*PS: I finally learned to spell GoldieBlox correctly; thanks to all the viewers that let me know that I misspelled it incorrectly every time in the past entries. Mia culpa!
Please welcome him.
I’ll introduce him through a bit of information that he sent me recently. He shared with me this 3-min film, which briefly shows the police’s violence at the Economic University in Poznan, PL. The police attacked a small group of people peacefully protesting against a pseudo-‘scientific’ lecture (“gender as a destruction of the human and the family”) delivered by a priest (& lecturer from theology dept at Adam Mickiewicz University).
The event took place on 5th Dec. Unfortunately, Andrzej couldn’t find any news in English.
Andrzej is falsely accused in Polish right wing blogs as well as a few newspaper as a hooligan; someone who was main provocateur of this event. Just the right sort of company for us on the blog!
*And the photo above was taken at the event by one of Andrzej’s friends.
P.s., when I first asked Andrzej to join the blog he wrote back: “I don’t have time to make science when I really did STS and State exercise (batons, shield, electroshocks)” (!)
Here is our session proposals for 4S in Argentina next year; hopefully we see you there. I think leadership at 4S will select the sessions it wishes to host in about two or so weeks.
First name: Nicholas J.
Last name: Rowland
Co-authors: Jan-Hendrik Passoth
Session Title: STS and “the state”
Consistent with the general theme of the conference, “Science in context(s): Souths and Norths”, we encourage 4S and ESOCITE scholars researching the emerging intersection of STS and “the state” to submit their work. This jointly-held meeting affords us the unique opportunity to balance South/North perspectives on both “the state” and STS, which is a rare opportunity indeed, and will be the source of a rich discussion among participants.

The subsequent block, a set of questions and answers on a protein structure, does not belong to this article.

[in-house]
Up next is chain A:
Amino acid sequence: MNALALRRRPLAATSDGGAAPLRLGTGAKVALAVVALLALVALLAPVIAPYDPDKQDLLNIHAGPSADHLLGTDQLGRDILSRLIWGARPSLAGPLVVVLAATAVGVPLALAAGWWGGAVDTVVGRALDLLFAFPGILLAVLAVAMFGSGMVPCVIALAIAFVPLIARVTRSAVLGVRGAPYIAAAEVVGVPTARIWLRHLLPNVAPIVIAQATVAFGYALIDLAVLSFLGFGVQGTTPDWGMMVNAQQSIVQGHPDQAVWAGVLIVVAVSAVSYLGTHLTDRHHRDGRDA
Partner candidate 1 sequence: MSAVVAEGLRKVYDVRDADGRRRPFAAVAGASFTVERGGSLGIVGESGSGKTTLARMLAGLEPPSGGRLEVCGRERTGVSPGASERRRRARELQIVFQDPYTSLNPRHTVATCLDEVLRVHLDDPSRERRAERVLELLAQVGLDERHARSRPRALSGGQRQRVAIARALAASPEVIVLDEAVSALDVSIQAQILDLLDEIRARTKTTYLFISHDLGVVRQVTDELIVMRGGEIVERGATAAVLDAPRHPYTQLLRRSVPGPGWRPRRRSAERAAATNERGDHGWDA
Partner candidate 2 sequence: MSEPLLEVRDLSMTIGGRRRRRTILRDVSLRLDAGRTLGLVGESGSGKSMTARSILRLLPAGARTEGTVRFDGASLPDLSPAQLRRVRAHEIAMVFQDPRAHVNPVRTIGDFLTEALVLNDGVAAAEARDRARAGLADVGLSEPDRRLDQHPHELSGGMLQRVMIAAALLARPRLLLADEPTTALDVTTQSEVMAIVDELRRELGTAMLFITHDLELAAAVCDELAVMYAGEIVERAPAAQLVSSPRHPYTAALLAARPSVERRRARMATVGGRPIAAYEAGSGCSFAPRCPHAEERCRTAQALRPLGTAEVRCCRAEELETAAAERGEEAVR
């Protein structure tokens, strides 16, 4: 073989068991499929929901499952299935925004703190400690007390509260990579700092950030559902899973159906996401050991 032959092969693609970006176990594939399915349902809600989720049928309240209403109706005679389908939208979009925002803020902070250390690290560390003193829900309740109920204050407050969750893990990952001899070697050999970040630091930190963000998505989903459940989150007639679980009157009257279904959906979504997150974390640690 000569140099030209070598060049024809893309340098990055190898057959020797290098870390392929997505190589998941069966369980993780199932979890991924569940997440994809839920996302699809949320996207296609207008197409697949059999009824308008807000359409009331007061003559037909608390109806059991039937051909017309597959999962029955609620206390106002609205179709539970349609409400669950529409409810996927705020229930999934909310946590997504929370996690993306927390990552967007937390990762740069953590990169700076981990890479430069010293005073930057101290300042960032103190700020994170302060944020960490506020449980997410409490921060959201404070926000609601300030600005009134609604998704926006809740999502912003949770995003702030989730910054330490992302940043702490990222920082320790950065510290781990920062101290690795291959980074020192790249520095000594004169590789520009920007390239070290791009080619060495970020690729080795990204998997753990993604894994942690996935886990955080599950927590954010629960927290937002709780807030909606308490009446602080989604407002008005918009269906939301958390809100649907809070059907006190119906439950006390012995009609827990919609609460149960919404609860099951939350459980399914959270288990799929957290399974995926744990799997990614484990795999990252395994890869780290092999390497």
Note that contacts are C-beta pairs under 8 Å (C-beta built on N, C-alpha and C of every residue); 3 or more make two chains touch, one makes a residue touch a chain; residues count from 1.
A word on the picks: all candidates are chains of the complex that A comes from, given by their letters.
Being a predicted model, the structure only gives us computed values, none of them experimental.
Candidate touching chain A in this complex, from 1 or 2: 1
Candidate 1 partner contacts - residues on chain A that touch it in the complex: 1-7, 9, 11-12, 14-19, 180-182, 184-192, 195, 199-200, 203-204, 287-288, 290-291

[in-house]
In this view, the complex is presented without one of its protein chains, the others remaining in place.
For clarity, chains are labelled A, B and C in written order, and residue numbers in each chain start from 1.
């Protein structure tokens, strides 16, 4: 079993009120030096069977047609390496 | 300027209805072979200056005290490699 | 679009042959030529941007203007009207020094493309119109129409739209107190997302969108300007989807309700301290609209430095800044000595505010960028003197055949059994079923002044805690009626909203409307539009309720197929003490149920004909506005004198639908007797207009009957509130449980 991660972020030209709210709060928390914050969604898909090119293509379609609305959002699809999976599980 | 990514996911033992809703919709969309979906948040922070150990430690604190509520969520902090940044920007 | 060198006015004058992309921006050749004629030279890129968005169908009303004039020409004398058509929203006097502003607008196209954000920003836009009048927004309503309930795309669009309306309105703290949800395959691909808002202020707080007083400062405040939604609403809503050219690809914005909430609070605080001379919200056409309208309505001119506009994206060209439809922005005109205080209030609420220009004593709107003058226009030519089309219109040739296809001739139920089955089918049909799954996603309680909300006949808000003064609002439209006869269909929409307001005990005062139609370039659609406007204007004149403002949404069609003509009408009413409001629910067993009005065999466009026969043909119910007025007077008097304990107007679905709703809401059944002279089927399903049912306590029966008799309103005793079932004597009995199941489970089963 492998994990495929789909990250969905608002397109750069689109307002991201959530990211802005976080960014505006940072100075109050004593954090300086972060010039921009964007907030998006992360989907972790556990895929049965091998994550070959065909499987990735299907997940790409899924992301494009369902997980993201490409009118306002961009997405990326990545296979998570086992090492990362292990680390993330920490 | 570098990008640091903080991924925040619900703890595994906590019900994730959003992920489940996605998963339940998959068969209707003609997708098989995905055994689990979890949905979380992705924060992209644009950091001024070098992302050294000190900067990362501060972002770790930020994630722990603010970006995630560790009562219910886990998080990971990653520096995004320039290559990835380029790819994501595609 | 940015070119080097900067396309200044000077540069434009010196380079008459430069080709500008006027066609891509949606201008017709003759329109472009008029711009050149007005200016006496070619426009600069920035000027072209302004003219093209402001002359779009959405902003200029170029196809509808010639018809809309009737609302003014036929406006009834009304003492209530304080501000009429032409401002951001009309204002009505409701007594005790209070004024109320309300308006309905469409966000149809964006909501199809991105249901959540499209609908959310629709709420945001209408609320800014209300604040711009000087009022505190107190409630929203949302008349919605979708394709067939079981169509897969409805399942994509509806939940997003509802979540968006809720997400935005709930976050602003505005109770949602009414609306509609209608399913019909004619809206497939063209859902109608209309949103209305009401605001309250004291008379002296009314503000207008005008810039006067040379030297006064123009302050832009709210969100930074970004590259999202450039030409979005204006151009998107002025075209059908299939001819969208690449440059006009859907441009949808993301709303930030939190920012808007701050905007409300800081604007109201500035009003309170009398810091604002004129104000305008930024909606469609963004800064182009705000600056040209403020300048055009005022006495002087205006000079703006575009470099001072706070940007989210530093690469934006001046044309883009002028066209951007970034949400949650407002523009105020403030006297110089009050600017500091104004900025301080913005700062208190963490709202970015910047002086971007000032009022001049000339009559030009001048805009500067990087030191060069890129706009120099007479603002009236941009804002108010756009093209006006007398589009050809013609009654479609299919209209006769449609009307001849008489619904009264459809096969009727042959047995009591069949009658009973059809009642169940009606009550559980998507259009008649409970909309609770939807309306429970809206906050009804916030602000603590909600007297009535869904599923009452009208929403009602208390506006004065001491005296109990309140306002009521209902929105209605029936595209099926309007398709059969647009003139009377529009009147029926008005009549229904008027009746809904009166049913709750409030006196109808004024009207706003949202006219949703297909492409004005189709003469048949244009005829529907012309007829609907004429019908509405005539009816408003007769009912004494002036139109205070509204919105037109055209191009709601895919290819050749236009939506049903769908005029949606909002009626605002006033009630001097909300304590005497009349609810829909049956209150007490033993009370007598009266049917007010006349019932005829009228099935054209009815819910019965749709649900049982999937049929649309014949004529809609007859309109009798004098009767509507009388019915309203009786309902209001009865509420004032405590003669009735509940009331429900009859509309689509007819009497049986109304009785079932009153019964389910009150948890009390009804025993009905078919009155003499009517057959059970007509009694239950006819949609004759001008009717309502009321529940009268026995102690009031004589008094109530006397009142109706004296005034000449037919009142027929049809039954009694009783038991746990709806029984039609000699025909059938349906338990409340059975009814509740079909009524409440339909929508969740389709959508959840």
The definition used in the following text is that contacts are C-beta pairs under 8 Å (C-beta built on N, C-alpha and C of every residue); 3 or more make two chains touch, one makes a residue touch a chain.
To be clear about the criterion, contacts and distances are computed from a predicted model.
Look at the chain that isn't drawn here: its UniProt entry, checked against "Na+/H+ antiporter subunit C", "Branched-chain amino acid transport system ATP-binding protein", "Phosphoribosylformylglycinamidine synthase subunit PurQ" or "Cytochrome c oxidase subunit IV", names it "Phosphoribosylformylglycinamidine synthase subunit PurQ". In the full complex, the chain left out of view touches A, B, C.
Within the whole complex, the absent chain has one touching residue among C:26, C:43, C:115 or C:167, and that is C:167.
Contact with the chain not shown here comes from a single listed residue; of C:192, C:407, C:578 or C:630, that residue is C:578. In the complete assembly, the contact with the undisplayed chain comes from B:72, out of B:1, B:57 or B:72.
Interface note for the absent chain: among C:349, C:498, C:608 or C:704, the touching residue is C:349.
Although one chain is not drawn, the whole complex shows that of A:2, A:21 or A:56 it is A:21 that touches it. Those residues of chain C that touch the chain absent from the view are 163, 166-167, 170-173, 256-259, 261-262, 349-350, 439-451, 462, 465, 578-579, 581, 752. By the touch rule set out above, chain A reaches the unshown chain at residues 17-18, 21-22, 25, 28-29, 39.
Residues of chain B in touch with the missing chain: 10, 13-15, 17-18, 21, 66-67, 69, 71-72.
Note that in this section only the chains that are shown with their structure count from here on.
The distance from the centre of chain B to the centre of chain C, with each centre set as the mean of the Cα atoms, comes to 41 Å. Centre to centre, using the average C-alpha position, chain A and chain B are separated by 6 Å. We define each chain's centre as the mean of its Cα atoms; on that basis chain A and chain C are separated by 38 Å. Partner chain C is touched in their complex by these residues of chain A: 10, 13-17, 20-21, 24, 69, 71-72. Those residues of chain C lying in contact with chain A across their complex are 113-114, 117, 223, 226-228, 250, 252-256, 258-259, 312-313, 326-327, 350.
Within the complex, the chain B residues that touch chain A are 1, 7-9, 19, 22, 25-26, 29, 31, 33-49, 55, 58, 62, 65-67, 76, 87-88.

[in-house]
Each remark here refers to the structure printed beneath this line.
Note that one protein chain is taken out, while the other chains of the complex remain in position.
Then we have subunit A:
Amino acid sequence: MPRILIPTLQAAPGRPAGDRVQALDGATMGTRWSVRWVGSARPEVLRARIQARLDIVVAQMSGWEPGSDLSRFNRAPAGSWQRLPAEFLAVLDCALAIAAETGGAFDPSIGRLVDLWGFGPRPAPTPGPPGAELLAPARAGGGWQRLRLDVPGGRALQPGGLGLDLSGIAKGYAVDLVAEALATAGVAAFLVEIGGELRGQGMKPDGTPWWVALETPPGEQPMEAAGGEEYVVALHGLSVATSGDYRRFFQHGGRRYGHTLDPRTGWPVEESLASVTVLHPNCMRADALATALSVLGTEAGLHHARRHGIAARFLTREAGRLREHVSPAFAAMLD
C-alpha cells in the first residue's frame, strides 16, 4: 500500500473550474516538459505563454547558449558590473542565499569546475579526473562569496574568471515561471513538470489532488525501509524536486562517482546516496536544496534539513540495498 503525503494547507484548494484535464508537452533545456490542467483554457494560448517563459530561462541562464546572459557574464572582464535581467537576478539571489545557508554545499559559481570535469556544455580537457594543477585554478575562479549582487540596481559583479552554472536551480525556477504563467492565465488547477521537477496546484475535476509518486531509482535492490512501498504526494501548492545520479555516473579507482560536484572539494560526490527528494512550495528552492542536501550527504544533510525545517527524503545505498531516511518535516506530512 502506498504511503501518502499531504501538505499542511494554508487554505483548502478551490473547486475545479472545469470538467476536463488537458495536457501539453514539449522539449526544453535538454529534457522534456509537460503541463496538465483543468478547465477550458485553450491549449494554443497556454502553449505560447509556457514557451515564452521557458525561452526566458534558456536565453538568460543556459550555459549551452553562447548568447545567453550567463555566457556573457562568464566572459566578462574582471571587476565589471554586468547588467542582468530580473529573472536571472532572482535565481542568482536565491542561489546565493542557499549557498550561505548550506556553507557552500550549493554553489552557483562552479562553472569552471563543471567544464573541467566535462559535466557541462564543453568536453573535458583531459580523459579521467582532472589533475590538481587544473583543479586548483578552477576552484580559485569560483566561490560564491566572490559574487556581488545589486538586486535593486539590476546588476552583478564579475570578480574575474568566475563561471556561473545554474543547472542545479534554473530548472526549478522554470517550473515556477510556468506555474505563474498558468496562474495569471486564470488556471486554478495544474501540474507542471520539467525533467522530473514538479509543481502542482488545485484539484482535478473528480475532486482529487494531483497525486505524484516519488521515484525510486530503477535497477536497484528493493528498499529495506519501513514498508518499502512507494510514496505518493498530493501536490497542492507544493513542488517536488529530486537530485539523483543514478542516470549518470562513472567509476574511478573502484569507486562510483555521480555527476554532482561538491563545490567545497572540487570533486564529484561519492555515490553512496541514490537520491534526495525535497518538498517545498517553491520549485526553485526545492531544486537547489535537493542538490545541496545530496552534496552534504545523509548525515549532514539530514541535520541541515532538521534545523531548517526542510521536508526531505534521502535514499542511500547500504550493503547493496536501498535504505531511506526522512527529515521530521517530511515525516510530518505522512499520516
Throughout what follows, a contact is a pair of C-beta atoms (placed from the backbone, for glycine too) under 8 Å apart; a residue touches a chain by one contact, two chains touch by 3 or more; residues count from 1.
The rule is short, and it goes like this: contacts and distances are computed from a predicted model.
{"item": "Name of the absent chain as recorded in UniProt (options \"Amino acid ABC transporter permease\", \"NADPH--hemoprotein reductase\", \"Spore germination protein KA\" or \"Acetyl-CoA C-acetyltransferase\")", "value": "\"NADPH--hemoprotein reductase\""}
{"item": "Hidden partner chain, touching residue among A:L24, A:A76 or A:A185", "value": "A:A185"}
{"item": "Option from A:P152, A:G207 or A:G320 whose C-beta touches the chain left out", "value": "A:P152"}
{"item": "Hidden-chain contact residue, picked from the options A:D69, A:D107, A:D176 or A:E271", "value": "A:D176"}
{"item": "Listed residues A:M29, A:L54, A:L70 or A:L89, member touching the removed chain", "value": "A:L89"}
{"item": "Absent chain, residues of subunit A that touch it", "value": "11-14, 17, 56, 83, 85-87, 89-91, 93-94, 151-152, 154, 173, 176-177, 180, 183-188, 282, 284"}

We anticipate hosting a series of papers in a series of “Open Panels.” In particular, we are hoping to find papers that give rise to new dialogues and exchanges on the following four topics:
1. Empirical cases of “the state” as manifest in infrastructure or in everyday life: New and exciting work in infrastructural developments offer fresh perspectives and cases to reconsider dated theoretical approaches to understanding what the state is and what they state is becoming. Likewise, a new line of research in “the state in everyday life” offers a perspective no less fresh that gets at mundane experiences and routine activities that either bring us closer to the state or fend us off from it. How these differ in the North/South divide are of prime concern.
2. Empirical cases of “the state” as manifest in material or in environmental arrangements: State formation has been a perennial question in state theory. However, as scholarship develops, the old theories of the state, which emphasize war-making and international treaties, have given way to new research on the practical aspects of state formation, as in, how do you form a state. Chief concerns in this area are material activities associated with state formation and, crucially, environmental concerns related to forming states in the first place and sustaining them in the long run. Again, how these differ in the North/South divide are of prime concern.
3. Where is the state and where is not the state? State absense/state presence: This topic emerged organically from the last 4S meeting in San Diego, and while it is new to us and is far more experimental than the above themes, we consider it of vast potential. One way to re-think the state is to ask where it is and where it is not. Are there new boarders emerging between states? Are there areas inside of the traditional territorial zones that bound states where the state simply does not appear to be present? Is it possible that the state is present even in its absence, under certain conditions? We don’t know the answers to these questions; it is the most “open” of the open panels.
4. Theoretical approaches to the state and state theory: No doubt, state theory has odd and deep roots in the Northern tradition of scholarship. Ideas that need to be challenged. We anticipate this coming from two directions if we are sensitive to STS and the state. First, in the North, fresh perspectives on the state are emerging through the lens of STS. Second, in the South, fresh perspectives on the state already exist as alternatives to traditional Northern scholarship on the state (and, of course, STS shapes these discourses too).
Please consider sending your abstracts to our set of open panels. The multiple panel format ensures a sustained audience and prolongs the discussion of our work far beyond a single paper or a single panel.